Monthly Archives: August 2015

Reading books with no words . . .

You’ve probably read, or at least heard about The Book with No Pictures by B.J. Novak. If you haven’t, I would definitely recommend it. It’s silly and fun, and also a bit of a novelty because, let’s face it, most children’s books have pictures!

But this blog is actually about the alternate universe of Mr. Novak’s book: picture books with no words. Every time we check one out from the library, I’m surprised by how much my kids LOVE them. Dr. Joanne Meier in her blog about reading Sound it Out, says that reading books without words helps to develop many literacy skills including: listening, speaking, storytelling, vocabulary, comprehension, story structure, inference, cause and effect, and many more.

There are probably thousands of books out there with no actual printed words, but these are a few of our family’s favorites.

With two super-reader kids who check out probably 20 books per visit to the library, I’ve seen my fair share of children’s books. The biggest surprises tend to be how often the books with no words end up chosen at story time. It started with  Bow Wow Bugs a Bug by Mark Newgarden and Megan Montague Cash. The first time we read that one, I thought it would go back in the bag, never to be seen again. Wow, was I ever wrong! Not only did we read it everyday, we exhausted our renewals, took it back to the library, and checked it out again the next time we went to the library.

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Next up, The Adventures of Polo by Regis Faller. This one is a looong one, people. And because it has no words, the story can literally take an hour to read. This might be why this one is a favorite, because what kid doesn’t want to delay bedtime?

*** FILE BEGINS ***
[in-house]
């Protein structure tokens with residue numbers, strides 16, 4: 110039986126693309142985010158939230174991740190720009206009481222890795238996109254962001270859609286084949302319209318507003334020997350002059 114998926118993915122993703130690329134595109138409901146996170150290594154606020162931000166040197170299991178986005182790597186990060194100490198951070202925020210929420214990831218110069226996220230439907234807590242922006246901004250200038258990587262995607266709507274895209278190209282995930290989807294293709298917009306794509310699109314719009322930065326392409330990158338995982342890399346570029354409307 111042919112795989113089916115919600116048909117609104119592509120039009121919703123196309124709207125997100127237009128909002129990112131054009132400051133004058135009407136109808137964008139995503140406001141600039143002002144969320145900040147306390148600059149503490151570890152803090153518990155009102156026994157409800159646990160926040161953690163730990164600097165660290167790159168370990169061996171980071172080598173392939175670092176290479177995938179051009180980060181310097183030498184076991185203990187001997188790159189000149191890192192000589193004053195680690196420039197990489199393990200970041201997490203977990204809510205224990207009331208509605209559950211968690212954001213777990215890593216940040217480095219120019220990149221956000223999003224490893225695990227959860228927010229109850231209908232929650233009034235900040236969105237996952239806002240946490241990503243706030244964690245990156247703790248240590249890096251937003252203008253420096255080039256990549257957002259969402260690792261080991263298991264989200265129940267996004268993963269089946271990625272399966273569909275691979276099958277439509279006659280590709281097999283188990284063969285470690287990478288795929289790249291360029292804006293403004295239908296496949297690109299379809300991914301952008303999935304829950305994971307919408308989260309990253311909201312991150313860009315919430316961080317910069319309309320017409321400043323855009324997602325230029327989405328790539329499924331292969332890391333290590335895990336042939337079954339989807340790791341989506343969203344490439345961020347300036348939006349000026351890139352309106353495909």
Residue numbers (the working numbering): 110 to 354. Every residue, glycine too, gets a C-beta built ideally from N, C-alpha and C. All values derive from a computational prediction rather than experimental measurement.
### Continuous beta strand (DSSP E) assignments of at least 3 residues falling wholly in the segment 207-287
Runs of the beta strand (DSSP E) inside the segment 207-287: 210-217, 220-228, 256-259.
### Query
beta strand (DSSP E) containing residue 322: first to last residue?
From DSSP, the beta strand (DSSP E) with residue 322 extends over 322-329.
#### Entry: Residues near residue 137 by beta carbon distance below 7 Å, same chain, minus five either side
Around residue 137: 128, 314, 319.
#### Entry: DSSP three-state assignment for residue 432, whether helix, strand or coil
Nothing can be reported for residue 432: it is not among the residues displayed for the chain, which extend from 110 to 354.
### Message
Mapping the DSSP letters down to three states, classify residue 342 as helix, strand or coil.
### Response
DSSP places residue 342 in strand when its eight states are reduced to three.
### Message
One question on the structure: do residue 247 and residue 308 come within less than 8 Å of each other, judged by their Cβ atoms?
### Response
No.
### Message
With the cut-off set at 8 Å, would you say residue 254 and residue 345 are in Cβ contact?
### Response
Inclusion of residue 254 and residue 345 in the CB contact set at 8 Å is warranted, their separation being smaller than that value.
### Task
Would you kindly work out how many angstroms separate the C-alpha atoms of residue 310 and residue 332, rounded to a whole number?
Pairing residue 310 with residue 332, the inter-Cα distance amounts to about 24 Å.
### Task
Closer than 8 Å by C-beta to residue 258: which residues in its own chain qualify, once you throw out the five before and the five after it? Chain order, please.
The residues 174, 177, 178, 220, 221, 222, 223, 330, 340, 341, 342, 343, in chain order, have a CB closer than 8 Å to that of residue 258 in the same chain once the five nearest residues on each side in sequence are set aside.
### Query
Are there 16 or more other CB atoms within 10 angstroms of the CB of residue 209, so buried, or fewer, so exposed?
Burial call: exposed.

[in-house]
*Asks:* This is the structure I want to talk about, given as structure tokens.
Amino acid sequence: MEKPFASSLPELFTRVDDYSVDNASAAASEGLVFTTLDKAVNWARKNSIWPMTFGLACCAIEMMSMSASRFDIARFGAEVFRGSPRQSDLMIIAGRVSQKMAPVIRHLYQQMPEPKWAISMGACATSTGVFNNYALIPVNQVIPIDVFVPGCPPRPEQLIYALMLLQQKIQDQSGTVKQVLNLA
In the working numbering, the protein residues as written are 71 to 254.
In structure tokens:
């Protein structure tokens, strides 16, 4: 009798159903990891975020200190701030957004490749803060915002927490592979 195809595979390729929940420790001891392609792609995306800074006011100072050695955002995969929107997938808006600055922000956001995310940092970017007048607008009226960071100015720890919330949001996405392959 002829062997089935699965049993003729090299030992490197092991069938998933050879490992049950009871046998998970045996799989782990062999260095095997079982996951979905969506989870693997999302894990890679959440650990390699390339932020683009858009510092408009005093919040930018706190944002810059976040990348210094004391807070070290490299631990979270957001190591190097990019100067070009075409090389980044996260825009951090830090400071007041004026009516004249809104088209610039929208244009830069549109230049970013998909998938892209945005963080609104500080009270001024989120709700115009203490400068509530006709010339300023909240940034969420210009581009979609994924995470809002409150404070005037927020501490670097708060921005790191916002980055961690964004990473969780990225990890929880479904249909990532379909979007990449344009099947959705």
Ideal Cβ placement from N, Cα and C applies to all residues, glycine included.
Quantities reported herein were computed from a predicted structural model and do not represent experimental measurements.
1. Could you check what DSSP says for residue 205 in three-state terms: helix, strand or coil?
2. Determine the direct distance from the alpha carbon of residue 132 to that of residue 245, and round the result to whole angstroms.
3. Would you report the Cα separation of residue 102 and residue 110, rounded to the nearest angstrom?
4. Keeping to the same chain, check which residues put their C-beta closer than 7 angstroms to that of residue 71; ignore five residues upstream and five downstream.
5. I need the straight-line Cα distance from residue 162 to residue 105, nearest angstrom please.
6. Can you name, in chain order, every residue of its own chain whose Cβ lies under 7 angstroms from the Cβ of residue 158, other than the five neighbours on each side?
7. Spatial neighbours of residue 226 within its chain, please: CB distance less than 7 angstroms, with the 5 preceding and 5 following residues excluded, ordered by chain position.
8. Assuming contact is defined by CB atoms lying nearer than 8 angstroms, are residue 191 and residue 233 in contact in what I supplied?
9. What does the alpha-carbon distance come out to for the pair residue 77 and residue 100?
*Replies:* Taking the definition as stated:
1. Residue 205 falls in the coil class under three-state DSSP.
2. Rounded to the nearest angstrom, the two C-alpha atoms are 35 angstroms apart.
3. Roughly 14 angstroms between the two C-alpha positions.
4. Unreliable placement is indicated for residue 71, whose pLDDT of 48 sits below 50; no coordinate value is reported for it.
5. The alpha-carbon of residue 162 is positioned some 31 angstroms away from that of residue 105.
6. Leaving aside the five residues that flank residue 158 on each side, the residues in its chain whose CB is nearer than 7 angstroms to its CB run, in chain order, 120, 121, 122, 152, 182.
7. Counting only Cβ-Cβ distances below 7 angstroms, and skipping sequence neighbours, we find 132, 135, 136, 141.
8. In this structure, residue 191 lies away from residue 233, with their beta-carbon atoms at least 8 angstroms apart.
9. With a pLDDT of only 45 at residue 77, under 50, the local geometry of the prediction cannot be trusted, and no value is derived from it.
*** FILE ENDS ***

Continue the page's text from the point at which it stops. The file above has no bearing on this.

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Thunderstorm by Arthur Geisert was a favorite of my two-year-old son, who does not sit still for much of anything. He would stare at the pictures in this book for a VERY long time, though. I think it’s because there are a lot of hidden animals and trucks/tractors. It’s one continuous illustration, and it’s fun to find the connecting points from page to page. (He actually came in while I was typing this, saw the picture, and we had to talk about it all over again. He told me he, “Miss at the library. We see it again.” I guess I know what will be in our bag next time.

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Finally, Journey by Aaron Becker was a recommendation from my mother, who is a children’s librarian. The illustrations are magnificent, and the ways in which you can “tell” the story are endless. I suppose there is a reason why this one is a Caldecott Honor Book.

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What’s your favorite book with no words?

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Fight Song

We all have one song that gets us pumped. My new anthem is Rachel Platten’s Fight Song. Seriously, there are days when in-between getting laundry done, making meals, making snacks, breaking up the 101 scuffles that happen on any given day, making more meals and more snacks, and basically just trying to hold it all together, that nothing can keep me going like the perfect song.

Imagine that you have two different volume dials in your brain. Just turn the chaos down to zero, and then crank your anthem to eleven! Sometimes I even picture myself in my own music video for said anthem . . . call me crazy . . .

Yes, sometimes life can be overwhelming, but sometimes I agree with the mom I overheard at the grocery store when she said to her four-year-old, “Let’s just do what we have to do to get through this.” I will add, “Even if it means starring in your own “in your head” music video.”

So what’s your fight song? Maybe we can start a playlist?

This week’s review is Prisoner 88. It is a “loosely based on a true story” book about a ten-year-old boy who is found guilty of murder in 1885 and sent to an adult prison. He might not have had an anthem, but he was a fighter.